Of the patients in the R-maintenance group, 24% (130 patients) received second-line treatment (Table 4); of these patients, 36% received R-monotherapy and 31% received R-chemotherapy as second-line treatment. Of the patients in the observation group, 29% (189 patients) received second-line treatment; of these patients, 41% received R-monotherapy and 30% received R-chemotherapy. Other forms of treatment included chemotherapy, investigational therapy, radiotherapy, radioimmunotherapy, bone marrow transplant, and combination therapies. In both groups, a majority of patients (> 90%) initiated second-line treatment because of PD. The response rate for second-line treatment was similar between the R-maintenance and observation groups; 61% of patients who received maintenance therapy achieved a CR/PR with second-line treatment versus 57% in the observation arm (Table 4). In patients who received R-monotherapy as second-line treatment, the response was similar between the 2 groups (P = .23). Of these, 43% in the R-maintenance group achieved a CR/PR, 27% had SD, and 30% developed PD; for patients in the observation group, 58% achieved a CR/PR, 17% had SD, and 25% experienced PD. Receipt of R-maintenance was not found to be associated with inferior PFS after second-line treatment in patients who received R-containing second-line treatment (HR, 1.31; 95% CI, 0.93-1.85 [P = .12]).
To our knowledge, this is the largest published series of prospectively enrolled patients with previously untreated FL in the modern era examining the effectiveness of R-maintenance in clinical practice. In addition, the current study reported on the R-maintenance strategies used by practicing physicians and identified characteristics related to whether a patient received R-maintenance. This is of particular interest in that we examined practice patterns in an era of early adoption of R-maintenance after an R-based induction therapy, before published reports supporting this practice. With > 5 years of follow-up, patients who received R-maintenance after responding with at least SD after an R-based induction therapy were found to have significantly longer PFS and TTNT compared with patients who were observed. These differences occurred even with the heterogeneity in the R-maintenance schedules used. To the best of our knowledge, despite improvements in PFS and TTNT, no statistically significant difference in OS has been observed to date. If the true OS HR was 0.81, then with the current number of OS events we would only have 30% power to demonstrate an OS difference, and therefore substantially longer follow-up (or a substantially larger population of FL patients in the United States) would be required to evaluate OS. Consistent results were noted after adjusting for FLIPI risk components, sex, race, histologic grade, region, treatment setting, and induction treatment using standard Cox proportional hazards models or when incorporating propensity scores.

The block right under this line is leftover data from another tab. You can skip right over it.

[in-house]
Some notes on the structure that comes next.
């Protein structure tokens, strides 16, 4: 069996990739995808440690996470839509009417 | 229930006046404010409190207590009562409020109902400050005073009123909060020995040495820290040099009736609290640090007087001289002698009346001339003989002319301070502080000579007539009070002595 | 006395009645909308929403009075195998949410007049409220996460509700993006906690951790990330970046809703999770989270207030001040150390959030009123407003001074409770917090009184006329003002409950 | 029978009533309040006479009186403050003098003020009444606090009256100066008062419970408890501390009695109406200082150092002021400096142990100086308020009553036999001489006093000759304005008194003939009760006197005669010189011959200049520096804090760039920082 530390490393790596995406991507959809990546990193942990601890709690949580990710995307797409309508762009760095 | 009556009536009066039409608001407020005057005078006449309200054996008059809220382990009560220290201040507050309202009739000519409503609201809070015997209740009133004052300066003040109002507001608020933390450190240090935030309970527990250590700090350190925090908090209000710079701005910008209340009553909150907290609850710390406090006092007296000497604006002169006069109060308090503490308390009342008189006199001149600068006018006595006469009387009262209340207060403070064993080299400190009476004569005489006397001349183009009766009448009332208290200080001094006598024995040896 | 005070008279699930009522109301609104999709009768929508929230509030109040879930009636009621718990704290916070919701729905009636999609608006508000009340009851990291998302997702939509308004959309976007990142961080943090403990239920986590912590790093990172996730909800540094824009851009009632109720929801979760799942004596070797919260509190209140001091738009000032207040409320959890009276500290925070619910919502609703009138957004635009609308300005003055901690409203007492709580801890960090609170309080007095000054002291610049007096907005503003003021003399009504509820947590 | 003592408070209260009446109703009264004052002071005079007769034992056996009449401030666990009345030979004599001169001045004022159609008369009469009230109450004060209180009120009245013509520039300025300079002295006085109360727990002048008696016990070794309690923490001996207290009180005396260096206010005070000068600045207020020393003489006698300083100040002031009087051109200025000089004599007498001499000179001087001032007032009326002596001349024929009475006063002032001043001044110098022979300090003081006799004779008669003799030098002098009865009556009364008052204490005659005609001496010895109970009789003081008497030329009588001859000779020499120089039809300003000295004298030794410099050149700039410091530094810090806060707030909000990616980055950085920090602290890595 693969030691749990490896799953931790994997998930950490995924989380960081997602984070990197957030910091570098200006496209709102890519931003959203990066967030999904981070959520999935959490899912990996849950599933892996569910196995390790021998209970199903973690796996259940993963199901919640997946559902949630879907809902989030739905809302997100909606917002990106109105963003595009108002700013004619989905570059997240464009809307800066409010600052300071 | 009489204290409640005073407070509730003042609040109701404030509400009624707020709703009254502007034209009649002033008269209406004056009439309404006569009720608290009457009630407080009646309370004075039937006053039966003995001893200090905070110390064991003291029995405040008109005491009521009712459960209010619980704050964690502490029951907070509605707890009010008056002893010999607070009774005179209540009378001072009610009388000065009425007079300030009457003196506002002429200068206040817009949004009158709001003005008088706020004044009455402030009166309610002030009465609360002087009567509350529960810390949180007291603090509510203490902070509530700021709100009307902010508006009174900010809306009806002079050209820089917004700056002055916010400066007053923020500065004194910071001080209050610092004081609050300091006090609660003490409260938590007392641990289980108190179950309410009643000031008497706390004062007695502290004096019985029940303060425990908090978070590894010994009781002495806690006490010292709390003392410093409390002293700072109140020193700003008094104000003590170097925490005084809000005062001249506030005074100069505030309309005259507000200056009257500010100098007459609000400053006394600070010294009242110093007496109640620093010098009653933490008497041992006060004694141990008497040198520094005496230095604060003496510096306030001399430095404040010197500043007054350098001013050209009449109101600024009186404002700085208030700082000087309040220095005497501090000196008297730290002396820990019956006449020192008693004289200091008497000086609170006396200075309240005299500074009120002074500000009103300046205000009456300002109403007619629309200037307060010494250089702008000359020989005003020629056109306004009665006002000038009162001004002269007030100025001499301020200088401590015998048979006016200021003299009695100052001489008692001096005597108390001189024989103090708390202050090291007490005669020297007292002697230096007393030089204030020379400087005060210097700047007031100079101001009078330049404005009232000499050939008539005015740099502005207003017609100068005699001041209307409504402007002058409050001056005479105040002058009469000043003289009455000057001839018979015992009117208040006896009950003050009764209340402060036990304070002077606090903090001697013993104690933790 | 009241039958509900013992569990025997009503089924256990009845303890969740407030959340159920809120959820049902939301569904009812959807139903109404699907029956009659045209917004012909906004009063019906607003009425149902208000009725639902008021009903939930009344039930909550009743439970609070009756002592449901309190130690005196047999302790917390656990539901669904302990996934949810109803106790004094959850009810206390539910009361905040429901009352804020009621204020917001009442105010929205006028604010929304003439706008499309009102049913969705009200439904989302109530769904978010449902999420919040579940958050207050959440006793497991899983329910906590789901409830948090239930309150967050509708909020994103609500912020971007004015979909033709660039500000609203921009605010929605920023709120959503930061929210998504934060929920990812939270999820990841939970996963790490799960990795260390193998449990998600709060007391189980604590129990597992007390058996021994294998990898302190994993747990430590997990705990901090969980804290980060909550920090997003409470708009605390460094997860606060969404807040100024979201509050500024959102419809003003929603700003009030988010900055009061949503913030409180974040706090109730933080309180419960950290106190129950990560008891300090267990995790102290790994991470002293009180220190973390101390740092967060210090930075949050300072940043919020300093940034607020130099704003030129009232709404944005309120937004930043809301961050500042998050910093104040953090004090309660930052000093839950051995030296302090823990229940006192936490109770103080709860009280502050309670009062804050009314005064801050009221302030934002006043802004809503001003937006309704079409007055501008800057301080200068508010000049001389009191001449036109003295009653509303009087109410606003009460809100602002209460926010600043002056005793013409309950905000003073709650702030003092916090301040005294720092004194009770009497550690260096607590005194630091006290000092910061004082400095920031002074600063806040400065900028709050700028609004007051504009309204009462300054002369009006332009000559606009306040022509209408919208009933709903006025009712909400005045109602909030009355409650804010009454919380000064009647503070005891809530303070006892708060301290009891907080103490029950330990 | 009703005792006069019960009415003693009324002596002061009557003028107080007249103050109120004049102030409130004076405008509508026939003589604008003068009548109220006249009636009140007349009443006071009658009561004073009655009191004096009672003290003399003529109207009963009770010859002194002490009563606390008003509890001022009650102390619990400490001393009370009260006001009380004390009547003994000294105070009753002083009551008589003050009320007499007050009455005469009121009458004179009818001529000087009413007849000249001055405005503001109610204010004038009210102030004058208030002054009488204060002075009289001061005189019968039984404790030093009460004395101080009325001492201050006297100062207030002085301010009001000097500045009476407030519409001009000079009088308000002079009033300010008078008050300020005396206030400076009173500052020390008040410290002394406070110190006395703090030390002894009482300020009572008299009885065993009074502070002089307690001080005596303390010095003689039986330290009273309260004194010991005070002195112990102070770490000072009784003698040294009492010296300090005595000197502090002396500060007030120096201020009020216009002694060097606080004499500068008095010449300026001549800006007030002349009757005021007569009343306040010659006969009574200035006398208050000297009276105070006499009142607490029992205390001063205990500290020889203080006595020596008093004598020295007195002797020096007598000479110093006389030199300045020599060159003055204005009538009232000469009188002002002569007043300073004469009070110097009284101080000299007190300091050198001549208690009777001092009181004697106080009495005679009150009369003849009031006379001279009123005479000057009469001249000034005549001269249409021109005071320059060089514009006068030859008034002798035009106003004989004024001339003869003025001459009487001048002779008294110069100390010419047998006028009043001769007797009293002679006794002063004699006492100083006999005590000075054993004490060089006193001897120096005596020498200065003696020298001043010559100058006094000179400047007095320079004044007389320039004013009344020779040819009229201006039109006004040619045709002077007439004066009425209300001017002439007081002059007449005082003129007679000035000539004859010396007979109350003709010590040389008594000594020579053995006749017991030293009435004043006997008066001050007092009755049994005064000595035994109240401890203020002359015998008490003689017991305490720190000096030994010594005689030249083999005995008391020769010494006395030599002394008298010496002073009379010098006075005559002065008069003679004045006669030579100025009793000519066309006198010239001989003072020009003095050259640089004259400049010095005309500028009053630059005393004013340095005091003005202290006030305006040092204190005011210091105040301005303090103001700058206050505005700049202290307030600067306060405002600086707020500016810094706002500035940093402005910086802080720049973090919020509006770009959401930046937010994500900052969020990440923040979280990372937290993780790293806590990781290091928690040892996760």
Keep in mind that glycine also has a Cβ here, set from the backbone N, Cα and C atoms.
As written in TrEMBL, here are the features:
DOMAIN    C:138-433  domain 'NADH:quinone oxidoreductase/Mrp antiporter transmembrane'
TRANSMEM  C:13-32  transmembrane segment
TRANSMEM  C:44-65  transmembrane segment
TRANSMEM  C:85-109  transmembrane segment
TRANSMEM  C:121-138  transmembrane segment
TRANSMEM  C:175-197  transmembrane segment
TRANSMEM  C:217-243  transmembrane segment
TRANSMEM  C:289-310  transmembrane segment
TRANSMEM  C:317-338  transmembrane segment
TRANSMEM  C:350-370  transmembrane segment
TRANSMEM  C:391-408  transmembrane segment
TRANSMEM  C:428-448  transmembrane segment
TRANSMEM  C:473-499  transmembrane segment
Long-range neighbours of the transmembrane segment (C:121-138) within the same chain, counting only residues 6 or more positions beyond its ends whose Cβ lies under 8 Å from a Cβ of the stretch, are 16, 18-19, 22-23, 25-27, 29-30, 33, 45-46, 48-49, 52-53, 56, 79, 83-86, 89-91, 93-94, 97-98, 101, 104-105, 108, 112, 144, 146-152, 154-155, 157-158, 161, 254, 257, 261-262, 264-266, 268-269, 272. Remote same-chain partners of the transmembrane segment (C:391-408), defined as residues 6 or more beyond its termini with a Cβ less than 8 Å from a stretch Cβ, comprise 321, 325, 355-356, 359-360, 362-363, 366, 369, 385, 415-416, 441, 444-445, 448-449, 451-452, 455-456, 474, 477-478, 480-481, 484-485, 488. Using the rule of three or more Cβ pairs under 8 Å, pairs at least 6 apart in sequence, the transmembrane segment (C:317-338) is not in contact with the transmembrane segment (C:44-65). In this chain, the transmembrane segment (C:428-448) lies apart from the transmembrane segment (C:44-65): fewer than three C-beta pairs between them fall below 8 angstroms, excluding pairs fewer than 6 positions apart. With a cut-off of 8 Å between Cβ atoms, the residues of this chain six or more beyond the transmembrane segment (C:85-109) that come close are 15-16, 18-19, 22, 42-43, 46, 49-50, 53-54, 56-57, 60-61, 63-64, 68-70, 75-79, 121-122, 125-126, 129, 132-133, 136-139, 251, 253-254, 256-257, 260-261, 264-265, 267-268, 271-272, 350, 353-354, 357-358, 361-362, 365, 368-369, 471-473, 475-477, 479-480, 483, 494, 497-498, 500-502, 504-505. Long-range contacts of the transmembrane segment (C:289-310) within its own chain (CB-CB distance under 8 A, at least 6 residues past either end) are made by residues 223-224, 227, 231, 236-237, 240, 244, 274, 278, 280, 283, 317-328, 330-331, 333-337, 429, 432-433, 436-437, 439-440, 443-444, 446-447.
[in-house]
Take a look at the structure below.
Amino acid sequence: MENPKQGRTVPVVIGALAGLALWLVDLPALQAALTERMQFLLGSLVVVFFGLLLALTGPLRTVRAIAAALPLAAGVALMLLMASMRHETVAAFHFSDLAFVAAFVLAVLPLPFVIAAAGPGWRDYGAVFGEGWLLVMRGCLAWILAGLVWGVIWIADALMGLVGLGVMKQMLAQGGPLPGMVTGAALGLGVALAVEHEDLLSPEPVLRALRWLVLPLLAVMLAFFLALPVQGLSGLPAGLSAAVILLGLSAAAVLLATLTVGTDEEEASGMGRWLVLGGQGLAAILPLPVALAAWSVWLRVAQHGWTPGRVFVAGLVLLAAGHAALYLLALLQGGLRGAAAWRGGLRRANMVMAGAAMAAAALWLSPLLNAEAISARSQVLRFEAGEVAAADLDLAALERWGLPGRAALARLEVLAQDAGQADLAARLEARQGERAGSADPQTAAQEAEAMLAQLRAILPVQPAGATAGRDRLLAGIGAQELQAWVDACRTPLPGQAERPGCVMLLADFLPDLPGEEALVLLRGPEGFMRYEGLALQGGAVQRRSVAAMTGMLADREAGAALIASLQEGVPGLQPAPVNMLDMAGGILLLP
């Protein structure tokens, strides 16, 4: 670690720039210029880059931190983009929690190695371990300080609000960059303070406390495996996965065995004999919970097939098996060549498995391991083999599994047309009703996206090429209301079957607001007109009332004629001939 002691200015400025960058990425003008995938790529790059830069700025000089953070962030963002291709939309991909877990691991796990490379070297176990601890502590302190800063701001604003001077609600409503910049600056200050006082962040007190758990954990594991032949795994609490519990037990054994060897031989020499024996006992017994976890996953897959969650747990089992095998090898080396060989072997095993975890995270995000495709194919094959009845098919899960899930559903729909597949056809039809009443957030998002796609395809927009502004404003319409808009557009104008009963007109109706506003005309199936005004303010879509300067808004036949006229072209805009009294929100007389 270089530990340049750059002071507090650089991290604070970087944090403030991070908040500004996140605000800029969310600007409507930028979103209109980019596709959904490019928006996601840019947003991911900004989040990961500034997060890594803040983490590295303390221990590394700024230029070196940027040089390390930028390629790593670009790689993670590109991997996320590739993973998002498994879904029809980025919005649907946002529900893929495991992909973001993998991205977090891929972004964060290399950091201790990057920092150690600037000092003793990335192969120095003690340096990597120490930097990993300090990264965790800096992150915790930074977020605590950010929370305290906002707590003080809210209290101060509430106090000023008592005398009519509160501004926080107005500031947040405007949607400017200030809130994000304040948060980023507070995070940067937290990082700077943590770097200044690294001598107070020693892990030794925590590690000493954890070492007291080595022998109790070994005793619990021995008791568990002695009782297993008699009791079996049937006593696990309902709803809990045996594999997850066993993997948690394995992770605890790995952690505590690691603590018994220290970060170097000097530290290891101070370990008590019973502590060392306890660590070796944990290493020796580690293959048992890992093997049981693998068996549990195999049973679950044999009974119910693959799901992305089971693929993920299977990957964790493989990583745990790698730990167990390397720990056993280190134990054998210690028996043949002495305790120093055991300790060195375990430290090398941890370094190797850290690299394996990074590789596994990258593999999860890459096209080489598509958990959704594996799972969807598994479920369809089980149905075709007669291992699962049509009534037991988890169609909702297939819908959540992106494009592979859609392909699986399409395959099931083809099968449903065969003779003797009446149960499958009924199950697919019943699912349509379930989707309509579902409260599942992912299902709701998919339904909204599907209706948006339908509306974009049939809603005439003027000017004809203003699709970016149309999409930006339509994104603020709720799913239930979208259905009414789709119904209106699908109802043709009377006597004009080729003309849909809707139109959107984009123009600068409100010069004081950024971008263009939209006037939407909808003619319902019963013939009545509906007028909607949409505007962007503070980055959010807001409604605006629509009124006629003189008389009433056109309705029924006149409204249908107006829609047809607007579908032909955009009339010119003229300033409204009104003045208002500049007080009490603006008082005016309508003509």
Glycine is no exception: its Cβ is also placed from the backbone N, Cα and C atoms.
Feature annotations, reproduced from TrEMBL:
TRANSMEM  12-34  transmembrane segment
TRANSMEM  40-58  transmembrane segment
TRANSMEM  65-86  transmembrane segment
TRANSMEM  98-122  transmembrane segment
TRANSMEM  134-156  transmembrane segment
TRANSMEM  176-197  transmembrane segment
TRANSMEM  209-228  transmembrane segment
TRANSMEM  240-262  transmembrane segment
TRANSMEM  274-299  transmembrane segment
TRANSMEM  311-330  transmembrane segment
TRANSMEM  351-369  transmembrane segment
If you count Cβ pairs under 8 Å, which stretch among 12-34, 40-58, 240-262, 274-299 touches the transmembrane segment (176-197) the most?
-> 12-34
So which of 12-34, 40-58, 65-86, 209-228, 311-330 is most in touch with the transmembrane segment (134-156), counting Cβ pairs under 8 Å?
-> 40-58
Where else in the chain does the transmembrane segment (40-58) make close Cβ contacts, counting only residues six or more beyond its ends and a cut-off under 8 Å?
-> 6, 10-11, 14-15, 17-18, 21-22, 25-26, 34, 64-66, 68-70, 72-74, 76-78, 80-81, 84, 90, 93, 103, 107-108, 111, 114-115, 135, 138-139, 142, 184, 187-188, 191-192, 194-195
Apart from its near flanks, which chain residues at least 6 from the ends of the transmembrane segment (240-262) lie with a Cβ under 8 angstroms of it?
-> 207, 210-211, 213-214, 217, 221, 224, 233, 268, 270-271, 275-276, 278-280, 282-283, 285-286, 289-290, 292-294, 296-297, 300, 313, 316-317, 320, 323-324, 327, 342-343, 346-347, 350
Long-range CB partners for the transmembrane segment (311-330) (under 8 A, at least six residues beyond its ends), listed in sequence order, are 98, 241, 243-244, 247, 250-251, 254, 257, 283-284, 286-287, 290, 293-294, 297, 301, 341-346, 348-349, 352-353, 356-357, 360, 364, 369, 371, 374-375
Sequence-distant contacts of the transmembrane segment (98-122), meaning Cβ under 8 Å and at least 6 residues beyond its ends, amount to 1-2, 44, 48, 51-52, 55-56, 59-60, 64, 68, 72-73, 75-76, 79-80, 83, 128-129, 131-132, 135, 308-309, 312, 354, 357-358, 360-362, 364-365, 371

With the expectation of FL to be highly responsive to initial therapy, coupled with disease recurrence and a shorter duration of remission with each recurrence, it is not surprising that physicians have used maintenance strategies in an attempt to extend the duration of remission. An ideal maintenance approach would be an effective therapy that is nontoxic and convenient. Because R infusion is typically well tolerated and is relatively easy to administer, it had been considered a suitable therapy to use in a maintenance regimen. We found that the use of R as a maintenance strategy after R-based induction therapy was commonly adopted by physicians in the United States in the period before the publication of the PRIMA results supporting this approach. Presumably, this early adoption was based on several randomized controlled trials demonstrating that R-maintenance was associated with prolonged event-free survival and PFS in comparison with observation in either the first-line setting or in patients with recurrent FL.[8, 10, 14] Following strategies described in these published reports, various dosing schedules were used, including a single dose administered every 2 months to 3 months or 4 weekly doses every 6 months. The majority of the patients in the current study received R-maintenance using one of these previously described dosing schedules. In addition, 37% of patients in the R-maintenance group received R-maintenance on a schedule that could not be classified as being based on a published dosing schedule, and for 4% of patients, R-maintenance was ongoing at the time of last follow-up, well beyond the 2-year duration of maintenance supported by the PRIMA study. These data highlight the challenges in applying emerging evidence regarding the efficacy of maintenance therapy to patients receiving ongoing cancer care who are in the midst of follow-up.